When I was in elementary/middle school we didn't do nearly as much writing as kiddos do today in their classrooms. I liked to do it though. I wrote stories all the time and they were crazy. I remember writing one about cowboys that were attacked and killed by their horses. As a horsie lover that saw movies where cowboys spurred and whipped their horses to make them go faster, this story made perfect sense to me. I even illustrated it with pictures that caused my teacher to have a serious meeting with my mama who in turn had a serious talk with me about drawing cowboys with their arms cut off. Never again.
Today they write more than they draw and have all kinds of nifty tools and graphic organizers to use to get their creative juices flowing. One of the more difficult assignments, for me, was the compare and contrast essay. You know the one you had to write where you compared the similarities of sea turtles and tire swings and then simultaneously contrasted their differences. Today they use what's called a Venn Diagram. A Venn Diagram is two overlapping circles; the writer includes similarities and shared characteristics in the over lapping area and the differences stay in their individual remaining area of the circles. Google it. I'm not very good at explaining it. But I use that Venn Diagram all the time...even in my thoughts and it's one of my biggest faults. Let me explain.
A few months ago I had breakfast with a beautiful group of ladies from my church. We were getting together to celebrate a birthday over eggs and bacon. I showed up in jeans, running shoes, and a hoodie; backpack slung over my shoulder. I was late and sat down to a lively conversation about the upcoming ladies conference. I had missed every single meeting to prep for that conference due to conflicting schedules and the recurring evil of strep throat in my household. I sat quietly listening to these precious ladies. They were dressed in layered chevron prints and infinity scarves, cute winter boots, chunky necklaces, jingley bracelets, and perfectly styled hair. I felt like a frump. My only jewelry was the hair tie I had taken off my daughter's hair earlier in the morning. I had no clue what the conversation was about. How did I get here? I didn't fit in. There was no place for me in that overlapping circle area...
My Venn Diagram was empty in the middle.
Is this just me? Do you ever find yourself comparing your wardrobe, family, kids, jobs, Bible Study, diet, looks, body type, husband, pets, and talents with the people you come in contact with? Let me answer that for you in case you can't be honest with yourself: Yes. You do.
Here's another instance. I just took my daughter to a birthday party for her very best friend. Her BFF is a boy she met at her Homeschool PE class. They love dragons and each other. That's all they need. Those two things fit perfectly into the middle of their Venn Diagrams and they are quite happy to never even acknowledge the rest. When we got to his house, I literally walked into a scene from Pinterest. Go to Pinterest and search for "Kids Camping Party". His backyard will pop up. No joke. I went ahead and set up my circles to compare his wonderful and doting mother with my poor daughter's mom... who has not one crafty bone in her body.
Those are two pretty big examples but this is an area that the enemy uses against me all the time. Many of us are either selling ourselves short or running ourselves to death trying to keep up while playing the comparison game and trying to force ourselves into areas of a circle we have no business being.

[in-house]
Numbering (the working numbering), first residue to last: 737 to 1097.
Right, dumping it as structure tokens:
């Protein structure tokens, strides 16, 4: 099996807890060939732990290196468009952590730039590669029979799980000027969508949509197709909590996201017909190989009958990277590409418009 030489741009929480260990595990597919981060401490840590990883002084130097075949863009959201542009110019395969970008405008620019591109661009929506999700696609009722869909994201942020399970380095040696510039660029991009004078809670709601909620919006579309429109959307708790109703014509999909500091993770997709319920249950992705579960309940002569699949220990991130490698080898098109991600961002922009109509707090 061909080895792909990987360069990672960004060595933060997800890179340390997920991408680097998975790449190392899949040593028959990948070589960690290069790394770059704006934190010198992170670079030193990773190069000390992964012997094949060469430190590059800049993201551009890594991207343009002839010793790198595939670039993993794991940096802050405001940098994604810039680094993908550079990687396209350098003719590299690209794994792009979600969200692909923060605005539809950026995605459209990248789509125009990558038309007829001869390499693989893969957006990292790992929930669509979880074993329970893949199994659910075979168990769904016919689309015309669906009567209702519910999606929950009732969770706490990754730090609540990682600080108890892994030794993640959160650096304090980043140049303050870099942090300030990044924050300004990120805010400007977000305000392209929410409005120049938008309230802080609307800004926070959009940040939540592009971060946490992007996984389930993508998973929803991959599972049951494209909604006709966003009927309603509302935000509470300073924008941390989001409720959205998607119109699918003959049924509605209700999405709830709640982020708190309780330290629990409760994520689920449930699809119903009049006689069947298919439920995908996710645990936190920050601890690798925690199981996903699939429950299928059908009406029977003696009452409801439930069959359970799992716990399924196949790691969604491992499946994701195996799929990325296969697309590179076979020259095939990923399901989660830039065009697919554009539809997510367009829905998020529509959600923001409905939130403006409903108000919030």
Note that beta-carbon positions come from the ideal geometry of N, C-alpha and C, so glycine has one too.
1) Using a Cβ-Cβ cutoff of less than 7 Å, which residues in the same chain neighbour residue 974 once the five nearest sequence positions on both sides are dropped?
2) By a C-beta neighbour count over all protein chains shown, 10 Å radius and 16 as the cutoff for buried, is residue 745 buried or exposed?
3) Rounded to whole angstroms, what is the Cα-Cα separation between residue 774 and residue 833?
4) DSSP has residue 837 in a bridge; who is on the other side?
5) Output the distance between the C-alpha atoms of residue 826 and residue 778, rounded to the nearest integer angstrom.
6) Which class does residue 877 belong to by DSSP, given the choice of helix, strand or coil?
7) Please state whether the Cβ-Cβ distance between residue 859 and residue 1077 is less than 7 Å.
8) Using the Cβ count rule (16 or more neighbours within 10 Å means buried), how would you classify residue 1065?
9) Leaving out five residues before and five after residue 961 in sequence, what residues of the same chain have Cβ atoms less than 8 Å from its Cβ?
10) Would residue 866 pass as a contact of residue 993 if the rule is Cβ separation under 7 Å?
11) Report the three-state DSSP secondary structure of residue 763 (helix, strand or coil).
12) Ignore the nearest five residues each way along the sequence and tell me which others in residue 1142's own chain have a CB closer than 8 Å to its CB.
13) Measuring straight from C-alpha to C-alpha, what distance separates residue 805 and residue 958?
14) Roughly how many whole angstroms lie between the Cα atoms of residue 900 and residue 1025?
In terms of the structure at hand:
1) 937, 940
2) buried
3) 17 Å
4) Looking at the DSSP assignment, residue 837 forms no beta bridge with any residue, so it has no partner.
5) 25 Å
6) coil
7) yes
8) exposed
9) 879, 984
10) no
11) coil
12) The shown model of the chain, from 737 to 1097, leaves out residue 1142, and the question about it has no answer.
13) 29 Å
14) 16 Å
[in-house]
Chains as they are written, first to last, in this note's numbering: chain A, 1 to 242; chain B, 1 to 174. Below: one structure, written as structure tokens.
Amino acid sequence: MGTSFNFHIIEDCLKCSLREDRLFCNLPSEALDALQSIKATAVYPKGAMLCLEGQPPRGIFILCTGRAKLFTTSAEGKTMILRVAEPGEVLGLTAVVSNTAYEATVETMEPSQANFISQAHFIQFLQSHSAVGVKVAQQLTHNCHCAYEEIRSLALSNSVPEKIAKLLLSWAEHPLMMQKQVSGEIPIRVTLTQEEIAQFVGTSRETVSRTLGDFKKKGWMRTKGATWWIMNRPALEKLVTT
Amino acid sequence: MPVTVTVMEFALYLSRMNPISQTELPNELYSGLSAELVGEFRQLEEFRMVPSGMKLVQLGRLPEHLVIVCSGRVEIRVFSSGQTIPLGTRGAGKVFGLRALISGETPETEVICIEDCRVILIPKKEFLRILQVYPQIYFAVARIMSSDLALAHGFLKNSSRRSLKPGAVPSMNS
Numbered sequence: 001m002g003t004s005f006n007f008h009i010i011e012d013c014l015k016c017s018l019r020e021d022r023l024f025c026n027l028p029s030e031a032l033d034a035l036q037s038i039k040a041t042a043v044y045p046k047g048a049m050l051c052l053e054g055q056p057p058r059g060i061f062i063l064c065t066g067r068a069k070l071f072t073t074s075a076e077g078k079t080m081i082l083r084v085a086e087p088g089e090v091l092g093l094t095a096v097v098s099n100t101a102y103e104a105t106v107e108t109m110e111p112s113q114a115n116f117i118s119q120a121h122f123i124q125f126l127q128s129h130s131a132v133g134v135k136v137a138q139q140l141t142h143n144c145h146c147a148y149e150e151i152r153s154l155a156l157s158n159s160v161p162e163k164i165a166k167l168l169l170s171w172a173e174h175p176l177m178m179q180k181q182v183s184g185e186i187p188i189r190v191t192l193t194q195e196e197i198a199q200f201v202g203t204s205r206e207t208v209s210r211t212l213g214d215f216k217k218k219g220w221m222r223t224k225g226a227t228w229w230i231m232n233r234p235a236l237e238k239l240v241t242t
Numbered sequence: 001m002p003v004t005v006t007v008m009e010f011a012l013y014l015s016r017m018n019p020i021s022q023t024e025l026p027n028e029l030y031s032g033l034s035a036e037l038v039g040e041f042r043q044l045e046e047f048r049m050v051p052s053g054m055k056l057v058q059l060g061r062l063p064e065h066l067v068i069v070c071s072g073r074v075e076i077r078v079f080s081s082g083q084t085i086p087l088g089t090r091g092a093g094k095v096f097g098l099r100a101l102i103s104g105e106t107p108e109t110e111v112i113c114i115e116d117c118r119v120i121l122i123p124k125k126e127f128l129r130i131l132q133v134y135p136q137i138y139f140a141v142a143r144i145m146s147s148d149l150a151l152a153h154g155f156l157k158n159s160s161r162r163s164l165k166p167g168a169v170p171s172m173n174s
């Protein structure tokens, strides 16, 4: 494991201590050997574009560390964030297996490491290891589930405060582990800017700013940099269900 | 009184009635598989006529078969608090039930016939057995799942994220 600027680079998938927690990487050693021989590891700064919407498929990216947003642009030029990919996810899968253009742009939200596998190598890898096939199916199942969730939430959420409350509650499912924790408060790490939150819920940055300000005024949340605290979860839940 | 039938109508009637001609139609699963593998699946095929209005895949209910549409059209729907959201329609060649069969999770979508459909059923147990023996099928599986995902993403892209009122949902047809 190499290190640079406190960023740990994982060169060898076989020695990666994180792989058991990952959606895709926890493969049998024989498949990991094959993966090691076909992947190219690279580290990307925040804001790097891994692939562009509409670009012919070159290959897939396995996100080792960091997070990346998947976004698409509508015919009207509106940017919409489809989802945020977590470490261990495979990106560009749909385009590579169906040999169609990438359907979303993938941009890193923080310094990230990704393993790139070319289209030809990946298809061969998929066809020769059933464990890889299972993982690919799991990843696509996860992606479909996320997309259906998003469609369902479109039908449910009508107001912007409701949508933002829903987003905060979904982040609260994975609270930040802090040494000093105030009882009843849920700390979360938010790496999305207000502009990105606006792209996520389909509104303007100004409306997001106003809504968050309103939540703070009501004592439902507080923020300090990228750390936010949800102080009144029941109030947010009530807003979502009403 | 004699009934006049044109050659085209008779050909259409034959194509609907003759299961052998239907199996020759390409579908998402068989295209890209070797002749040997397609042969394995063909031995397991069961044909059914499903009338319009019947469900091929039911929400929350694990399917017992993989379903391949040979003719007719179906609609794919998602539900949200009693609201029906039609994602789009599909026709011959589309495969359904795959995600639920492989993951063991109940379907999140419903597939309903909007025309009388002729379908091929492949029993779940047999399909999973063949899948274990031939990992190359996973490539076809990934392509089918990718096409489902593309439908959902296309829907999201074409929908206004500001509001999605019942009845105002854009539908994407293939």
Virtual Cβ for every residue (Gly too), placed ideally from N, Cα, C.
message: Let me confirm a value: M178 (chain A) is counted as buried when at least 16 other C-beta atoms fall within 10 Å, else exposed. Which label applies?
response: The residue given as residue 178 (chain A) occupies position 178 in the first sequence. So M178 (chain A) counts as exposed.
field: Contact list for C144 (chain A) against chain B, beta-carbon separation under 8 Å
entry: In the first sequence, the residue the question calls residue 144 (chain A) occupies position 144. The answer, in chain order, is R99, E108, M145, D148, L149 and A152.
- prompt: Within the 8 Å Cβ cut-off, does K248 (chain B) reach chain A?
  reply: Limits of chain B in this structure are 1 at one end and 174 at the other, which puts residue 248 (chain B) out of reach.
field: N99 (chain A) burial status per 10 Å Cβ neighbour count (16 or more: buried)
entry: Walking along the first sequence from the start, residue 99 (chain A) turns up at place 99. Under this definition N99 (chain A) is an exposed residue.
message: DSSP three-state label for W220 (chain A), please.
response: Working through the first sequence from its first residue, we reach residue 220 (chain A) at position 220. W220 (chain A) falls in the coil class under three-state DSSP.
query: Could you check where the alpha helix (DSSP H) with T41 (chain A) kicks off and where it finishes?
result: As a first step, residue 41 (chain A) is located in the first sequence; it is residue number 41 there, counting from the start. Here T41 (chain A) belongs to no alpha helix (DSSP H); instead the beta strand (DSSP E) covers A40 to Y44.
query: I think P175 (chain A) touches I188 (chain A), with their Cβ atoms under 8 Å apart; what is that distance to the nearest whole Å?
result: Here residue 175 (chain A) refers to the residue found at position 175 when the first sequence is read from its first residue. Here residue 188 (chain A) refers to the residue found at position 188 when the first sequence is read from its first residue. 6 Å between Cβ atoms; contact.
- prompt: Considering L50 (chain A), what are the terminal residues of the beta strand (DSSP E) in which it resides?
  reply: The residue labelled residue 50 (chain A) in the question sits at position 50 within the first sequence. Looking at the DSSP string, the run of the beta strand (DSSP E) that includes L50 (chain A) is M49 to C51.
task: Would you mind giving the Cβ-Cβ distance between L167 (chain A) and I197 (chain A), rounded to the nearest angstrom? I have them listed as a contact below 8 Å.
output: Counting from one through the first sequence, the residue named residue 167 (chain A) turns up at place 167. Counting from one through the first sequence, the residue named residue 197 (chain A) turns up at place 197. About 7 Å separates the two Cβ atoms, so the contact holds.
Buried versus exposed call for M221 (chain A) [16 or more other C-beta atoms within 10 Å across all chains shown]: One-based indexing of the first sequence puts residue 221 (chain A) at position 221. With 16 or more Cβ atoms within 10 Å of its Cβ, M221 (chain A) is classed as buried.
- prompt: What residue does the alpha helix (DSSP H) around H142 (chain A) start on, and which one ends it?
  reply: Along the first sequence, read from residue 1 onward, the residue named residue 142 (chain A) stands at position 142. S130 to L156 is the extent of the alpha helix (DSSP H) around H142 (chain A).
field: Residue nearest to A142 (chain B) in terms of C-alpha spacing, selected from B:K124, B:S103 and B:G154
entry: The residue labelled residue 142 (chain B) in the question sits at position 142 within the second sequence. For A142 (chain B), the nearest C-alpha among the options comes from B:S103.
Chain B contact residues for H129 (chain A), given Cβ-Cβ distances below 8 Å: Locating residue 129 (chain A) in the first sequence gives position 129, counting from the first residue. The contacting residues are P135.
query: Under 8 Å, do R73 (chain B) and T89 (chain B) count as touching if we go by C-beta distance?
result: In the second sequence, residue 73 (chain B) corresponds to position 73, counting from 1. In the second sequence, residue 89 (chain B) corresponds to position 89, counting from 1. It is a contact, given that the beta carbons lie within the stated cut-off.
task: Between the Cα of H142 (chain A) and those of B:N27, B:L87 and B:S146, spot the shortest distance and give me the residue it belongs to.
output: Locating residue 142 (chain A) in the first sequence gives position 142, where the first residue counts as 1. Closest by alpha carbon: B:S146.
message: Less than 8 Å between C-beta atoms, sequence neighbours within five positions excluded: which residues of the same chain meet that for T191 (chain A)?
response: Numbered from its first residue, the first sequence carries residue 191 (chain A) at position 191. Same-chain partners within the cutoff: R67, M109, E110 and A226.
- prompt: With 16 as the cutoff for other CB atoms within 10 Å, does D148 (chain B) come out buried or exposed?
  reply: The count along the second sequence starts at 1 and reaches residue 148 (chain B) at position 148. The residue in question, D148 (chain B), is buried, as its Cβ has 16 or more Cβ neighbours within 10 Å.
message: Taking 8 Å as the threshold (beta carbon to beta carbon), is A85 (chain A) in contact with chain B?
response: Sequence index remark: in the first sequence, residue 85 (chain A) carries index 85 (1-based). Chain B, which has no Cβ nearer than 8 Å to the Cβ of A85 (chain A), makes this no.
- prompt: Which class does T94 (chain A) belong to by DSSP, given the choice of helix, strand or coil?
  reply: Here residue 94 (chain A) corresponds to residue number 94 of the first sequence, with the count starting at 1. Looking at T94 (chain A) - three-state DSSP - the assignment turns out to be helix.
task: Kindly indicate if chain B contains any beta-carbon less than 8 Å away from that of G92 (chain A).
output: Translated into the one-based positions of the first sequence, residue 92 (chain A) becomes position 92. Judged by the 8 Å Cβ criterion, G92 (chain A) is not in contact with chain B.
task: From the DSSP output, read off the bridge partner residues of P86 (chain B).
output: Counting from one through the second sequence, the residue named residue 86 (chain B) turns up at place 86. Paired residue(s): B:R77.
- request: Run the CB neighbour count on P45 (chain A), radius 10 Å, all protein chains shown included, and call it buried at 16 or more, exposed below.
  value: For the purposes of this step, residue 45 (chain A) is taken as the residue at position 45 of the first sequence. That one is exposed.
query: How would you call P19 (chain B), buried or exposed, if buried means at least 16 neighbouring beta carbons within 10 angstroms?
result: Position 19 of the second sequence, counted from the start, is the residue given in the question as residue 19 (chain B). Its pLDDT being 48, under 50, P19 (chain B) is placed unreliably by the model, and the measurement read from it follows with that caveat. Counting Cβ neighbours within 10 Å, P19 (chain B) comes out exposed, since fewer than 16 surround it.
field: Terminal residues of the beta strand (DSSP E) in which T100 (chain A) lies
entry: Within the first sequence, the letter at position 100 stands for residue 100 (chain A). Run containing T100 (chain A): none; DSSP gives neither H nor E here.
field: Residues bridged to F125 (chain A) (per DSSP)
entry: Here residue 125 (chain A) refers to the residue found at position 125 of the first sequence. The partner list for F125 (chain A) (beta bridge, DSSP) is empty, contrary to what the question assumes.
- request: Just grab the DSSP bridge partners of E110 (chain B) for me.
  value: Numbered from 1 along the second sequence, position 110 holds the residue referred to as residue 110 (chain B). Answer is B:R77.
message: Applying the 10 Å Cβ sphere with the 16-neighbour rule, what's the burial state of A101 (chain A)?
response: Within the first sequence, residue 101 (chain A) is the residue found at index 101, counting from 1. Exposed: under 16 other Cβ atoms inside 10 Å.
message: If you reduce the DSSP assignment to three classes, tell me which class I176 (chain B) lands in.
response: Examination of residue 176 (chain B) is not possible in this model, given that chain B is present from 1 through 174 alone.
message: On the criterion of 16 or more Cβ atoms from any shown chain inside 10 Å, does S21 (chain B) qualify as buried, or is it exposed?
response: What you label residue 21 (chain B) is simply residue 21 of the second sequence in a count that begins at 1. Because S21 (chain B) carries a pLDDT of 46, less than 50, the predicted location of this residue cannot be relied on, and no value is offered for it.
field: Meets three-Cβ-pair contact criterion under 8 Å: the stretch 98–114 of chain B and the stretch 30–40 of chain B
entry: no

Can I just help you with the stress and the heartache of this? Stop. Just stop it. Stop comparing yourself to the Pinterest mom. Stop comparing yourself to the woman that is so heavily involved with women's ministry. Stop comparing yourself with the stay at home mom. Stop comparing yourself with the working mom. Stop comparing yourself to the woman who never wears jewelry or with the one who always coordinates her purse and shoes.
Ephesians 2:8-10 can handle that Venn Diagram for you when it starts getting out of control. "For it is by grace you have been saved, through faith—and this is not from yourselves, it is the gift of God— 9 not by works, so that no one can boast. 10 For we are God’s handiwork, created in Christ Jesus to do good works, which God prepared in advance for us to do."
See what I mean? With Christ there is really only one part to the circle... Our circle and His doesn't even overlap. Whatever traits we share are all His. But when you start comparing yourself to others you put yourself in a crazy nit-wit mess. The good works that you have to do, are yours. The good works that my sweet girlfriends have to do, are theirs. The good works that I have to do, are mine.
I finished my breakfast that morning and shared the circles my mind had been drawing all morning. As I expected, they were all precious and embraced me like I was nuts for even thinking what I was thinking. ( Ahh, If you all only knew half the junk that rattles around my hat stand). It occurred to me that my Venn Diagrams really just need to go away all together- but that morning those precious ladies revealed what we all share. The circles had many individual characteristics: Jewelry, tennis shoes, sandals, working mom, stay at home mom, teacher, Bible Study leader, vocalist, musician, runner, crafty, animal lover... but they all had ONE center: JESUS.
Amanda Williams is a forty-year old wife and mother of two who can still swing her pony tail and display just a tad of sass. She is also a Jesus loving girl who realizes she is nothing without the One who saved her. Amanda has two degrees specializing in serving students with special needs and is currently working in the field of Leadership Development. She is a Christian author, speaker, blogger, and publisher who loves serving beside her husband at her local place of worship, First Baptist Church of Ocala.